The City of Falls Church will have a new mayor as of next Monday, a panel of experts consulting with the News-Press concurred this week, one of a number of important predictions, mostly upbeat, that will shape the City in the coming year.
The F.C. City Council will convene Monday, the first meeting with newly sworn-in members elected last November, and its first order of business will be to elect from among its ranks a new mayor and vice-mayor.
Word is that current Mayor Nader Baroukh will not be elected to a third two-year term, but another Council member, not from among those just elected, will have the four votes needed to take command of the gavel for the next two years. The word is that the mayor and vice mayor will have the same first name.
This was only one of an array of insights and predictions into the coming year, the blue ribbon News-Press panel provided, including the fact that the new large-scale mixed use project proposed for the Sunoco station site at the corner of W. Broad and N. West Streets will be approved and get started.
It was also held that the mixed-use senior living project proposed by Nova Habitat for the current site of the Burger King in the 500 block of W. Broad will also win approval from the new City Council, after it had been stalled by the old one.
Three new members will join the seven-member Council for the first time next Monday – Mary Beth Connolly, Karen Oliver and Dan Sze – while Johannah Barry, Ira Kaylin and Ron Peppe will no longer be serving, all three having decided not to seek re-election in November.
Baroukh will remain on the Council, along with Phil Duncan, David Tarter and current Vice Mayor David Snyder, who was re-elected in November and has been serving non-stop since 1994, including one two-year stint as mayor in the late 1990s.
How important is the job of mayor? It depends on how any given mayor uses it, experts say, even though it is technically limited in a City Manager form of government to setting the agenda at meetings and performing ceremonial functions, such as ribbon cuttings for new businesses.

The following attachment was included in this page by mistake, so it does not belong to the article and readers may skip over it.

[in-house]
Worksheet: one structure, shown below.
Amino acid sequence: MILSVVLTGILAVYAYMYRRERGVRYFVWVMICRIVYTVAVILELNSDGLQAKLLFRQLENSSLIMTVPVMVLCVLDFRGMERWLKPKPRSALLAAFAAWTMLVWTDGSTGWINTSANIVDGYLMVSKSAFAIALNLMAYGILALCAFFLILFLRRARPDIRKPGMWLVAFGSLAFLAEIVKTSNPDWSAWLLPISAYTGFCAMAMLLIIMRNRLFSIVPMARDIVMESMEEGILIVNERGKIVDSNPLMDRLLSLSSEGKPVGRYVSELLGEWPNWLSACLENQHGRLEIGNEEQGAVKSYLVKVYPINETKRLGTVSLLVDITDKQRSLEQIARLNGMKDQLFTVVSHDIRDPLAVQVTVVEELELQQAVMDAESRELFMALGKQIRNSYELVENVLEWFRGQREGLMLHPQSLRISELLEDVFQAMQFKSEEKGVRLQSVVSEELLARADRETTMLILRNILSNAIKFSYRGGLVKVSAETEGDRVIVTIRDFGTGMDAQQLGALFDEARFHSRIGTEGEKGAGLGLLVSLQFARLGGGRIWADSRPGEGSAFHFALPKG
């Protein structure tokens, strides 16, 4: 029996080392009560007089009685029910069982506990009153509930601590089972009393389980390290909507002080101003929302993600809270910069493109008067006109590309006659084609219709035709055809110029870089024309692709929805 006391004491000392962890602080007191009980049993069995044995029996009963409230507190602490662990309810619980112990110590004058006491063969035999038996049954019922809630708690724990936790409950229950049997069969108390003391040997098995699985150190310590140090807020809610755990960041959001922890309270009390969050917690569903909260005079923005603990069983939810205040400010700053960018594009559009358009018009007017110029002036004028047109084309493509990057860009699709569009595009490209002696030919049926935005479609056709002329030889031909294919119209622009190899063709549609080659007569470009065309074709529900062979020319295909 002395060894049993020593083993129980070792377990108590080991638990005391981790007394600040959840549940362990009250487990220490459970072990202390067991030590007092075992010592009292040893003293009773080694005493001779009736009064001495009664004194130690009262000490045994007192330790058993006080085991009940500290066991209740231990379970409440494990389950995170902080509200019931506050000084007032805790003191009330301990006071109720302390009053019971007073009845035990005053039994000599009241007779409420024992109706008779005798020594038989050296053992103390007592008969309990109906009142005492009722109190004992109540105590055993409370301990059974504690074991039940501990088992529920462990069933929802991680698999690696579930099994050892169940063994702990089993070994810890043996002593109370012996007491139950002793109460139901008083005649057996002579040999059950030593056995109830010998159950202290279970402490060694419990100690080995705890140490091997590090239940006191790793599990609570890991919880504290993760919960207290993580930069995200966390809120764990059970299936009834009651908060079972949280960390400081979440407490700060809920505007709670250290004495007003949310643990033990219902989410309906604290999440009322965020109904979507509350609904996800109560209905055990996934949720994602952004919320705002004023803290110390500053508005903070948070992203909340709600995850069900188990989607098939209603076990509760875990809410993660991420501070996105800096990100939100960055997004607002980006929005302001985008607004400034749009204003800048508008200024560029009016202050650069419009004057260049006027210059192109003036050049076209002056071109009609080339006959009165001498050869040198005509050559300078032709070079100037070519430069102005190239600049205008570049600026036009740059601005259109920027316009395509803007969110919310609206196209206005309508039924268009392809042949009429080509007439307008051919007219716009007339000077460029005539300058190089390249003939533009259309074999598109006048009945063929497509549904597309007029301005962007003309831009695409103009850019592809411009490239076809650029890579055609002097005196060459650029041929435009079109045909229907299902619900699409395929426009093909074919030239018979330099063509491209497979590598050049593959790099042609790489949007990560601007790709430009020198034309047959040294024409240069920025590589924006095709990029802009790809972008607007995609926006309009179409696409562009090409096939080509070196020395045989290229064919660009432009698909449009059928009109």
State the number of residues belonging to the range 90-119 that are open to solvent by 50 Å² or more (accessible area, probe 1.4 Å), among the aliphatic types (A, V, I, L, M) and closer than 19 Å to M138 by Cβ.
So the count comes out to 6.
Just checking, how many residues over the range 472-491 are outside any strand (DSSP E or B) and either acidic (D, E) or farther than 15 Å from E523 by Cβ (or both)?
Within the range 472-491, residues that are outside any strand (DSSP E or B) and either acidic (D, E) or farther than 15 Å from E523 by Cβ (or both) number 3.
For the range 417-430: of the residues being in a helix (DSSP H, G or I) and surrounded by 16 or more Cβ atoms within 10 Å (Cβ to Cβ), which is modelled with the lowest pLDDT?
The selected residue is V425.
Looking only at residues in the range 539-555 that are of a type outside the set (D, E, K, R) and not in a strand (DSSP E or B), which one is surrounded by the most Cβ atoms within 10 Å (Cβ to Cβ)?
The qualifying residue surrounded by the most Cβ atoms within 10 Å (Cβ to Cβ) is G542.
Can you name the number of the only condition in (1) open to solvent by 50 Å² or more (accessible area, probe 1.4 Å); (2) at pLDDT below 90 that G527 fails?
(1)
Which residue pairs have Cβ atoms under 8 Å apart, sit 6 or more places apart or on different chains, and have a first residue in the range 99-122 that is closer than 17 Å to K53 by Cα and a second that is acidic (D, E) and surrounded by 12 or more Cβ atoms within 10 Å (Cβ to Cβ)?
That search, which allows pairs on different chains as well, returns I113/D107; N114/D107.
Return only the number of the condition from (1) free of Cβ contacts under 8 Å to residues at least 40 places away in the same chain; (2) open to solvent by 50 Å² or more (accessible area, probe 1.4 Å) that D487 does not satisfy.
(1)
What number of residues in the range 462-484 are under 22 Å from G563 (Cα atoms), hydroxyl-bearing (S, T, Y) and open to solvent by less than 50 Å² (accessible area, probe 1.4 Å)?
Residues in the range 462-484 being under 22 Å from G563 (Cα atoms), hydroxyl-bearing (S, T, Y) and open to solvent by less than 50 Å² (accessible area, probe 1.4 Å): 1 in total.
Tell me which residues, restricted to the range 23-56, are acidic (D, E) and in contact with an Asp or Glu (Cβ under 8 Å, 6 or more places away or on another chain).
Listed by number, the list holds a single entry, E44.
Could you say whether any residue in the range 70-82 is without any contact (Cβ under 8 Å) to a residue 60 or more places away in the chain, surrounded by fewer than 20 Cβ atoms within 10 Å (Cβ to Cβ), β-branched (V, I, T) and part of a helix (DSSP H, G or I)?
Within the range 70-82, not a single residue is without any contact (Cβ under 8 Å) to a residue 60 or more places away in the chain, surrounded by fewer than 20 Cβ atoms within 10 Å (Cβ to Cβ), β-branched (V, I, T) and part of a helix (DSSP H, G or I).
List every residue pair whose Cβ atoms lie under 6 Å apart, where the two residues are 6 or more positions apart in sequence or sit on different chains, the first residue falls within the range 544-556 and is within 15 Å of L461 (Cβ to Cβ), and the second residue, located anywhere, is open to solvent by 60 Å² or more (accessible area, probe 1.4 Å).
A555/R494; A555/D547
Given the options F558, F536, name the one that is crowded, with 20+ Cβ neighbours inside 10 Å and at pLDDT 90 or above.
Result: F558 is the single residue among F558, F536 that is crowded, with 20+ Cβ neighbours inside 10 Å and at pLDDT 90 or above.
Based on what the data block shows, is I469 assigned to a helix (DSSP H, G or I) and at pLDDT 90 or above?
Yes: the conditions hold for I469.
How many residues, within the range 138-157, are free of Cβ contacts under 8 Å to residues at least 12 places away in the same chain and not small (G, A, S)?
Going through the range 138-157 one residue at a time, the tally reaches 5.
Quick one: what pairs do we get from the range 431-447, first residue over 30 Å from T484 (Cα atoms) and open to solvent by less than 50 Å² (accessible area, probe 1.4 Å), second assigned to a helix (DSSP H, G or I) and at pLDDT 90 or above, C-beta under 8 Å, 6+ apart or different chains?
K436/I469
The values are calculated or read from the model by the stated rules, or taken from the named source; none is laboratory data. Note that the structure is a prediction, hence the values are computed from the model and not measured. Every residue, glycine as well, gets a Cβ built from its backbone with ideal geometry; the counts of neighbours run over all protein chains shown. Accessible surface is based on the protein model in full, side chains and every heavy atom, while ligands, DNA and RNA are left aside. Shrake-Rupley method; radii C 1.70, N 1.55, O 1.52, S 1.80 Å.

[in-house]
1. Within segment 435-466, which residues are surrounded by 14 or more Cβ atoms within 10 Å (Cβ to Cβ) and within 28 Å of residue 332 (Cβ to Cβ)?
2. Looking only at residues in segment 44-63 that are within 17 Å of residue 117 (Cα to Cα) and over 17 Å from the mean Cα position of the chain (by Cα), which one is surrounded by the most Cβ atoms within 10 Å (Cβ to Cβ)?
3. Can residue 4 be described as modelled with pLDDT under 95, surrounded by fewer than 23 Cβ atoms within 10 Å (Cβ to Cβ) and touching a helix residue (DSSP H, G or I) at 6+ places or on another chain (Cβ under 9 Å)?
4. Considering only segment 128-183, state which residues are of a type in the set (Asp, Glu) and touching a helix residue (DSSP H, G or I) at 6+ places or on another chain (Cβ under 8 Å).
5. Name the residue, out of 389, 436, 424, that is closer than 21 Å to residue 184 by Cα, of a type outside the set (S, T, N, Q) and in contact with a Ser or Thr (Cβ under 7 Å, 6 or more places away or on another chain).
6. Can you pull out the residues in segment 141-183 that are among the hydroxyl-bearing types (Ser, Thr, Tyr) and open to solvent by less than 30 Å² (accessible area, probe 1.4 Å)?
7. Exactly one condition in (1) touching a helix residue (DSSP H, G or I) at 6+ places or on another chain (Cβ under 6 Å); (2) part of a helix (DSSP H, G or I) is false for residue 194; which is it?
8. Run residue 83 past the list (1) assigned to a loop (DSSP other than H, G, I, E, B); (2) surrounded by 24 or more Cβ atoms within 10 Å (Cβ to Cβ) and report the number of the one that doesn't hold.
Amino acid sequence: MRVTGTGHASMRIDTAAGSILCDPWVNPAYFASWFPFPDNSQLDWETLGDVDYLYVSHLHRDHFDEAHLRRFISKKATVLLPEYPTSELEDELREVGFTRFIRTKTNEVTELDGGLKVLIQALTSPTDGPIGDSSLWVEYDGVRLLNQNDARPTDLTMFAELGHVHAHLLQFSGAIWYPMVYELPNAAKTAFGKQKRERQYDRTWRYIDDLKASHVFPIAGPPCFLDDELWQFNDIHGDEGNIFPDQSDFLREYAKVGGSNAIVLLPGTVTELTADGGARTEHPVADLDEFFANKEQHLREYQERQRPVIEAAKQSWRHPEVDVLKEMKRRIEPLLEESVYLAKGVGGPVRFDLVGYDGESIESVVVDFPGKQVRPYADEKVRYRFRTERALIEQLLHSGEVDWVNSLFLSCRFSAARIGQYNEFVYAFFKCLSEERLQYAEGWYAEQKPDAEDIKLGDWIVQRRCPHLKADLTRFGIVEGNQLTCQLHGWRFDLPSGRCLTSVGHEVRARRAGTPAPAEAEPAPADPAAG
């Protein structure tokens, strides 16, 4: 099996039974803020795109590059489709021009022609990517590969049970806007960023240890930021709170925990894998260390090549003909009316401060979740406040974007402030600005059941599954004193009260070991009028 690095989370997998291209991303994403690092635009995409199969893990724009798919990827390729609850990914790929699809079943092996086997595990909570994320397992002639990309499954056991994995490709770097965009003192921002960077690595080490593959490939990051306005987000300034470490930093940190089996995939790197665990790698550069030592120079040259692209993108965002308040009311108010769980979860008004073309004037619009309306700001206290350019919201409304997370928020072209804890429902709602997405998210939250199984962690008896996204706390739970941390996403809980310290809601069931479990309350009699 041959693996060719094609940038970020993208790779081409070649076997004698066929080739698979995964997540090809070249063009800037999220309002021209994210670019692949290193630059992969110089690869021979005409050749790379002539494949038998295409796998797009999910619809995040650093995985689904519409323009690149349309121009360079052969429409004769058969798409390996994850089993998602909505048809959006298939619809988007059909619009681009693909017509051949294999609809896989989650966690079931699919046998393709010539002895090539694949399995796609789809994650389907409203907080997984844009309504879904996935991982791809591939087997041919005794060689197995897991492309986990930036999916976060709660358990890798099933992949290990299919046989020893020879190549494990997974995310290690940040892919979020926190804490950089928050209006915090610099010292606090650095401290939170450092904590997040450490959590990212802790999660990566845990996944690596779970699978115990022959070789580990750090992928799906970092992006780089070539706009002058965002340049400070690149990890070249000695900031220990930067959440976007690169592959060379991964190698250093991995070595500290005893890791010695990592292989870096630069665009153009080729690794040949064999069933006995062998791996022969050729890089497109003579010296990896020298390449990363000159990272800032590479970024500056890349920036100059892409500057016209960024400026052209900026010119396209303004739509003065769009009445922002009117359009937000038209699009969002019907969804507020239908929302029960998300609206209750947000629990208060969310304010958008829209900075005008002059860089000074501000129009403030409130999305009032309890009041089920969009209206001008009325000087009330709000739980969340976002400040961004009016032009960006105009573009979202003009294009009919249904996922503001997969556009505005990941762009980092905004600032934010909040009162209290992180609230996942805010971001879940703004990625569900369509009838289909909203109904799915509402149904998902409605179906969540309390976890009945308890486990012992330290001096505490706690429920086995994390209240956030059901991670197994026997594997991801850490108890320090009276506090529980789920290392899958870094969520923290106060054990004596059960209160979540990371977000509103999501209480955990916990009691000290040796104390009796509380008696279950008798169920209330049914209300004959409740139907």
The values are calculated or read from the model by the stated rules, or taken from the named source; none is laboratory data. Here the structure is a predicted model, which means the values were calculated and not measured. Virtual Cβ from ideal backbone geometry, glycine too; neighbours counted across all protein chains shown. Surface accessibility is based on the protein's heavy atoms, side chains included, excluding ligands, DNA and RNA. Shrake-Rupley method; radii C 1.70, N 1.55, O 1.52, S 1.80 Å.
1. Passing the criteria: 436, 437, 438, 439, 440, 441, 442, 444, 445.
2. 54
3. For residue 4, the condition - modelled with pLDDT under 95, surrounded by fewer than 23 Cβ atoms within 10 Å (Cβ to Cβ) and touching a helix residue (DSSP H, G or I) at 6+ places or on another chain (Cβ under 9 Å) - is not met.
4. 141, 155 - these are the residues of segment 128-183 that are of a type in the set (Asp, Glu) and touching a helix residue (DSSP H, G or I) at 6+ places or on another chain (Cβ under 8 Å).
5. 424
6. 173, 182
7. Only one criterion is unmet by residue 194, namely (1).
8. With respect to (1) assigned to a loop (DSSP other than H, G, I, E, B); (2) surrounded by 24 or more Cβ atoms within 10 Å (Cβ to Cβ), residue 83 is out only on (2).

But a mayor can assert a considerable amount of control over the operation of a Council meeting, and sub-committee meetings, by controlling the flow of conversation depending on who gets called on, cut off, and so forth. The mayor can also exercise clout in close quarters with staff at City Hall, metaphorically or otherwise gripping lapels and delivering wishes to the City Manager and others, if he or she so chooses.
One general policy shift the public can expect from the new City Council will involve a relaxation of funds currently sealed in the City’s fund balance, which is currently well above 20 percent of the size of the annual City operating budget.
While the previous Council insisted on maintaining that level, the new Council is more likely to work the fund balance within the range outlined as official City policy, which is between 12 and 16 percent of the annual operating budget. The difference will free up three to four million to be used on “understandable, straight forward and sensible uses,” the News-Press panel stated.
In this context, there will be no tax rate increase in the coming budget, and there will be a push to bring real estate assessments more in line with sale price values, which some on the panel insist has gotten out of alignment. Some argue that actual values of residential real estate in the City are as much as 20 to 30 percent higher than their assessed values.
The new Council will set a Saturday morning aside for a mini-retreat in late January, before the new budget cycle shifts into high gear, the News-Press learned, and the Planning Commission will have a similar retreat to begin coping with the many capital improvement projects it will be asked to act on this coming year.
The School Board has already put out a call for relevant boards and commissions to make appointments to a citizens group to oversee the process of building a new high school.
A panel of experts will be convened to begin talking about the “highest and best use” of the land that will be annexed into the City as a component of the sale of the City’s water system to Fairfax County. The critical part of that land will be directly adjacent to the West Falls Church Metro station.
It may be that the City will go for outside business expertise, including involving cooperation with Fairfax County, to find new cutting edge technology businesses, such as those dealing with the amazing potential of 3-D printing, to take up shop there.
City infrastructure will be key in the coming year, it was pointed out, with sidewalk and related improvements on S. Washington St. ahead of the construction of the Reserve at Tinner Hill and Rushmark (Harris Teeter) projects that will bookend that area of town and become a major incentive for filling the area in with new development over the next few years.
2014 will also, at last, mark real action on more than one municipal parking garage in the downtown area, the News-Press panel noted.